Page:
From the healthcare services policy perspective, the provision of assisted reproductive services in the public service system can serve as an opportunity for specialist training and offer certain options to the public. However, in terms of resource allocation prioritisation in the public service system, a proper balance needs to be struck with due regard to trade-offs in the provision of assisted reproductive services vis-à-vis other life-saving medical services, especially for services which are not available or are charged at a higher rate in the private healthcare sector.
In consultation with the DH and the Hospital Authority (HA), the consolidated reply to the question raised by the Hon Kenneth Leung is as follows:
(1) to (3) Generally speaking, a couple is considered subfertile preliminarily when they fail to achieve pregnancy within 12 months of regular sexual intercourse without the use of contraceptives. Couples with fertility issues may first approach the HA's General Out-patient Clinics, private medical practitioners or the Family Planning Association of Hong Kong (FPAHK). Where necessary, patients will be referred by healthcare workers to HA's Gynaecology Specialist Out-patient Clinics (SOPC) to follow-up and treatment.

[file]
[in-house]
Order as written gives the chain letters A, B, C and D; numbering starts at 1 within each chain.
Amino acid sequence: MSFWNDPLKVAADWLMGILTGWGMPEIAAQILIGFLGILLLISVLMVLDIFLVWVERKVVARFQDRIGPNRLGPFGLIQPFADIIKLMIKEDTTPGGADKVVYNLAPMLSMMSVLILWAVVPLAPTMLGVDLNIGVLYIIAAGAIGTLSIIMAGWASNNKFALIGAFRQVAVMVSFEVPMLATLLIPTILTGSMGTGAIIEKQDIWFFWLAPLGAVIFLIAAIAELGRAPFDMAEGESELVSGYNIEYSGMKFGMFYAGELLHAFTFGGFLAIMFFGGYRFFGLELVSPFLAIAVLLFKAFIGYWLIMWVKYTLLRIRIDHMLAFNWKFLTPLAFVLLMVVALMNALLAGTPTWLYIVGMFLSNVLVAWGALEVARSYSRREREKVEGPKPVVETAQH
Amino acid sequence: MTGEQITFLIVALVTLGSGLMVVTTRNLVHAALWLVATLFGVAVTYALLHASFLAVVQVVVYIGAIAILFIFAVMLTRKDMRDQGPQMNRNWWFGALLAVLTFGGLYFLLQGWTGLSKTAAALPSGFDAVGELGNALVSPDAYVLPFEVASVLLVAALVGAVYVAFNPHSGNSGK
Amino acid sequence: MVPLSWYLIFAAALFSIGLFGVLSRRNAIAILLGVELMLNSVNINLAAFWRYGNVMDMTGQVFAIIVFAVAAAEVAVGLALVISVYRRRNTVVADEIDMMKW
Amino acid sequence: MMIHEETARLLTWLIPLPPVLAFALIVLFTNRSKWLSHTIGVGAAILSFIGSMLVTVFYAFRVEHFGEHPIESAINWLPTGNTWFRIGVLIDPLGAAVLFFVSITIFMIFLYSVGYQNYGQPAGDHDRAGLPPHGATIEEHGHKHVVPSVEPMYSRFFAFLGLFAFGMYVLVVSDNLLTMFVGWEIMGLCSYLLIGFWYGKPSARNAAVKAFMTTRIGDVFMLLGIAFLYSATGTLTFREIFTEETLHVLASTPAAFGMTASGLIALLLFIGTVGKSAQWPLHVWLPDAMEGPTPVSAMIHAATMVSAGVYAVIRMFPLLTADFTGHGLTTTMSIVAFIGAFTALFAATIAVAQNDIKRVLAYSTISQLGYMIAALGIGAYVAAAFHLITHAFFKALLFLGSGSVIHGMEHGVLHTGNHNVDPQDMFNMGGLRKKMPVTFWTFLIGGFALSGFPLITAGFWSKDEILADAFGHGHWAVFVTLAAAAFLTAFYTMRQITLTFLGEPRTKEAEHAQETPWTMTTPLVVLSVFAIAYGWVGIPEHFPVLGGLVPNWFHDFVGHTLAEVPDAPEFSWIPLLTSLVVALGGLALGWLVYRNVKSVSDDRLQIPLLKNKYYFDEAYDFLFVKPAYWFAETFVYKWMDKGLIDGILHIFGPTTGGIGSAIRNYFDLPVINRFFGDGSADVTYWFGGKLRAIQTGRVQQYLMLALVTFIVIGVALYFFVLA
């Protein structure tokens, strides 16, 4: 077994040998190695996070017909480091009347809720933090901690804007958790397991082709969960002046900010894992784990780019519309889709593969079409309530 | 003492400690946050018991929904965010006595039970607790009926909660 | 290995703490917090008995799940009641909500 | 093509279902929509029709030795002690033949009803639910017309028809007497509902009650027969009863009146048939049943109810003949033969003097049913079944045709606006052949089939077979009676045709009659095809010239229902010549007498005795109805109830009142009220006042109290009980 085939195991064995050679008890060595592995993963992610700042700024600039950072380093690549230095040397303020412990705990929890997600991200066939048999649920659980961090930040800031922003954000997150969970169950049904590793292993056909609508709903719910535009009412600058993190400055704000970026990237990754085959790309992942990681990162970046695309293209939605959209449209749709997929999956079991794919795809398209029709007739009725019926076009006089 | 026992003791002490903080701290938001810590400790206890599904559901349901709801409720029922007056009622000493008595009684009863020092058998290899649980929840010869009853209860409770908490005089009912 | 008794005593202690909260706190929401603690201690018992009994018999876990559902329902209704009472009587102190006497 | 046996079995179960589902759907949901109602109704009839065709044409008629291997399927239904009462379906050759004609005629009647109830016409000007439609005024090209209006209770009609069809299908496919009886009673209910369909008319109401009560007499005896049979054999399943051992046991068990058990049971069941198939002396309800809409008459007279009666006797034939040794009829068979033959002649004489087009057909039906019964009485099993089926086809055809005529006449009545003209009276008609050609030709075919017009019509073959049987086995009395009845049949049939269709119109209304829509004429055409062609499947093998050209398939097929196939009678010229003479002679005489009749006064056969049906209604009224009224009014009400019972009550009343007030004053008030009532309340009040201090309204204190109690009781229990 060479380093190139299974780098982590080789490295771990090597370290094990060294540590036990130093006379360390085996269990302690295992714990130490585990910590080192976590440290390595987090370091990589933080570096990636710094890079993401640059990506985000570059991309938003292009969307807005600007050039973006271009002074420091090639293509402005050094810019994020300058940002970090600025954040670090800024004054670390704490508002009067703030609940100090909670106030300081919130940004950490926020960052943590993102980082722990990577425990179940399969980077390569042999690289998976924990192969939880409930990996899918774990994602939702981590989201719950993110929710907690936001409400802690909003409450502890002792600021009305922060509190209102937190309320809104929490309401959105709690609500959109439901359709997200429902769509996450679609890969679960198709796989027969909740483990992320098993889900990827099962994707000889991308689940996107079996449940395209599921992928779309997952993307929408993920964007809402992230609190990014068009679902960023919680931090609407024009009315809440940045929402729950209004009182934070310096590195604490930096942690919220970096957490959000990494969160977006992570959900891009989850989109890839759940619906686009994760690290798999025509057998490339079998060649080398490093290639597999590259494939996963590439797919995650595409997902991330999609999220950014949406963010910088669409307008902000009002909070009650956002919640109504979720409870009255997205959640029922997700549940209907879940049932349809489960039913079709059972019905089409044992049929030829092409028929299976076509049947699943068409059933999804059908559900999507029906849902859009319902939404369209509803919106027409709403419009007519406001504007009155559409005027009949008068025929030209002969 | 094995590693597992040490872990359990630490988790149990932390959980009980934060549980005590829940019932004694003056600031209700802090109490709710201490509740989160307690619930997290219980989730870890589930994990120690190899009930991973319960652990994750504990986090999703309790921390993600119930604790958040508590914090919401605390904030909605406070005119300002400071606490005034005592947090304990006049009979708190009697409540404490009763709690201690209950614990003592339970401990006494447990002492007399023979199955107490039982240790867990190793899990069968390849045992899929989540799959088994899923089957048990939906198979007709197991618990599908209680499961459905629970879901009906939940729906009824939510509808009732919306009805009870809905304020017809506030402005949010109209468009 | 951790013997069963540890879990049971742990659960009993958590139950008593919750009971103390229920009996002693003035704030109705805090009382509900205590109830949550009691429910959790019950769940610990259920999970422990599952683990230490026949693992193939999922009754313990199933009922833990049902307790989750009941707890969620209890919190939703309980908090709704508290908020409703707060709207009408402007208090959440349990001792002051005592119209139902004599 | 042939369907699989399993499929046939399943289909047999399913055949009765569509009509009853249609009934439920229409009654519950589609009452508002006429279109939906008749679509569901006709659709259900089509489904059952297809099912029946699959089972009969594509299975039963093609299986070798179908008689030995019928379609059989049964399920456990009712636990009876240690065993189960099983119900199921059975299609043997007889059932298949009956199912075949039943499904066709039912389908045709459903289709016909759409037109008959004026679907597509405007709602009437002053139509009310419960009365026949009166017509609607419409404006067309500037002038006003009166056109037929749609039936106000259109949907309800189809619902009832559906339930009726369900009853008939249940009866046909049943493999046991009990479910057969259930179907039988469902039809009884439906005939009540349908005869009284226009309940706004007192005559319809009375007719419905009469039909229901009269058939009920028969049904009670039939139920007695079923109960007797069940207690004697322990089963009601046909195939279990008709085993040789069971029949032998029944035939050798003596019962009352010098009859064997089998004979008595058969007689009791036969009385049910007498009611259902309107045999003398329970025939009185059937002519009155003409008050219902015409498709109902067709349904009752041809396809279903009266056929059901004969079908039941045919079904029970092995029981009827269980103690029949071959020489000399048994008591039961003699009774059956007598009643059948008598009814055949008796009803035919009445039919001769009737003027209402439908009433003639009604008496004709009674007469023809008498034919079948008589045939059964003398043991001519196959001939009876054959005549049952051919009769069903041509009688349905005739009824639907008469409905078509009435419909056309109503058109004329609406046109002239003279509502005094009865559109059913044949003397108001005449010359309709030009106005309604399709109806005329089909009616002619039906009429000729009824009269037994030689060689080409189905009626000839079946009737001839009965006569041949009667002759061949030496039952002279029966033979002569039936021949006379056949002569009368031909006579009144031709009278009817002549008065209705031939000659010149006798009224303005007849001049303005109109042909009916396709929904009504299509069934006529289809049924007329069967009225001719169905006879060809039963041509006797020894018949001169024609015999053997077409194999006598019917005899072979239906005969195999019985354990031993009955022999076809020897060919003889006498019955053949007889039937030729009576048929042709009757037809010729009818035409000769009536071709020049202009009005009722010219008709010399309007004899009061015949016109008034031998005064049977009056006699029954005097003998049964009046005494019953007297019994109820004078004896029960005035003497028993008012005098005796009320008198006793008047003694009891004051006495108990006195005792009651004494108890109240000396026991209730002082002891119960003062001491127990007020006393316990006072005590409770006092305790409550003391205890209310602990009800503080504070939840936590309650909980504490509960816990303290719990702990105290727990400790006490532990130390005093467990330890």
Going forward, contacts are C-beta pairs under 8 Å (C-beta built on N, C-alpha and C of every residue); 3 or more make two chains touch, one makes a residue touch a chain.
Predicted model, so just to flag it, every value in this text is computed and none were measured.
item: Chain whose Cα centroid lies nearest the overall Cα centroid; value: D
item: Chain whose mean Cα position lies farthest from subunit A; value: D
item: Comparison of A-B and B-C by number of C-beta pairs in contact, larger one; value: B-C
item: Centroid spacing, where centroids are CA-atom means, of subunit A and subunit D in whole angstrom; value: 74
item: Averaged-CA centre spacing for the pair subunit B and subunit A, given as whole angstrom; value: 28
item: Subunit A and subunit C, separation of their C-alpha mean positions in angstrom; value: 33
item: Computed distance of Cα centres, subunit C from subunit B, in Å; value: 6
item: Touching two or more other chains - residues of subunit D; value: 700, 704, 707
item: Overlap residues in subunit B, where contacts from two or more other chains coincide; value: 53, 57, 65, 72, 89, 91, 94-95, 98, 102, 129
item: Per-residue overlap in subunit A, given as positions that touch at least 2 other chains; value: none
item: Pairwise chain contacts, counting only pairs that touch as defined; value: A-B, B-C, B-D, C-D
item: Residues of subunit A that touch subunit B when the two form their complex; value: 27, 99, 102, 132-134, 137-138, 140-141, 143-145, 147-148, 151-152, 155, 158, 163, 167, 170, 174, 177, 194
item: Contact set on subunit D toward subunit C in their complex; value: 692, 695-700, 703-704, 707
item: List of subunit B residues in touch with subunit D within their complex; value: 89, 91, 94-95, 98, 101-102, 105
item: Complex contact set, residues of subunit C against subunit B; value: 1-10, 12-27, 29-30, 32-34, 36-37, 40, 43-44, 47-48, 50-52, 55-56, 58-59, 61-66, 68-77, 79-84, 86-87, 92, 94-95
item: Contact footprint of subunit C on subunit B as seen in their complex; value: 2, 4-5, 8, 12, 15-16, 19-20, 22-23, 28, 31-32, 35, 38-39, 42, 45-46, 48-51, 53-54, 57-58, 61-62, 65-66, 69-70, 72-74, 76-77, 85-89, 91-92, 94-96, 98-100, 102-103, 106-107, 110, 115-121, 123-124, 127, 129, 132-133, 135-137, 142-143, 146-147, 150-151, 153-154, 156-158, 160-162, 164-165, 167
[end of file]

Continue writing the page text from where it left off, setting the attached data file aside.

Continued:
The HA does not maintain statistical record on the number of subfertility cases. The number of clients receiving subfertility services at FPAHK and referrals on subfertility made by FPAHK in the past five years are set out below:
|Number of clients||1705||1618||1087||1250||937|
|Number of referrals||794||766||504||624||417|
There are nine public hospitals (Note 2) under the HA with gynaecology specialist services, providing assisted reproductive services for females aged below 40. Among them, IVF (in-vitro fertilisation) clinics or subfertility assessment clinics are set up at the Queen Mary Hospital (QMH), Prince of Wales Hospital (PWH) and Kwong Wah Hospital (KWH) and provide IVF treatment services. Couples who have been assessed with IVF as the most appropriate treatment will be arranged to receive treatment services for up to three ovarian stimulation cycles.
Currently, the waiting time for couples receiving subfertility assessment is 7.5 to 12 months after referral. The waiting time for couples in need of IVF treatment is about four to seven months after the first IVF consultation.
KWH provides IVF treatments as a public service, with around 350 treatments annually. Private IVF services are not available at KWH. The two teaching hospitals, QMH and PWH, provide IVF treatments as public and private services. QMH provides approximately 800 IVF treatments annually, while the number provided by PWH is around 500.
In terms of charges, the HA will charge eligible public hospital patients for receiving IVF services provided as a public service at the standard fees and charges of public hospitals, i.e. inpatient or outpatient fees (Note 3). Examinations and tests not available at public hospitals or self-financed drugs will be charged separately (Note 4). The charge for services provided as private service will be determined with reference to cost and market price.
(4) to (6) The Government has been providing subfertility services and assisted reproductive services to those with family plans through different channels and in accordance with their needs.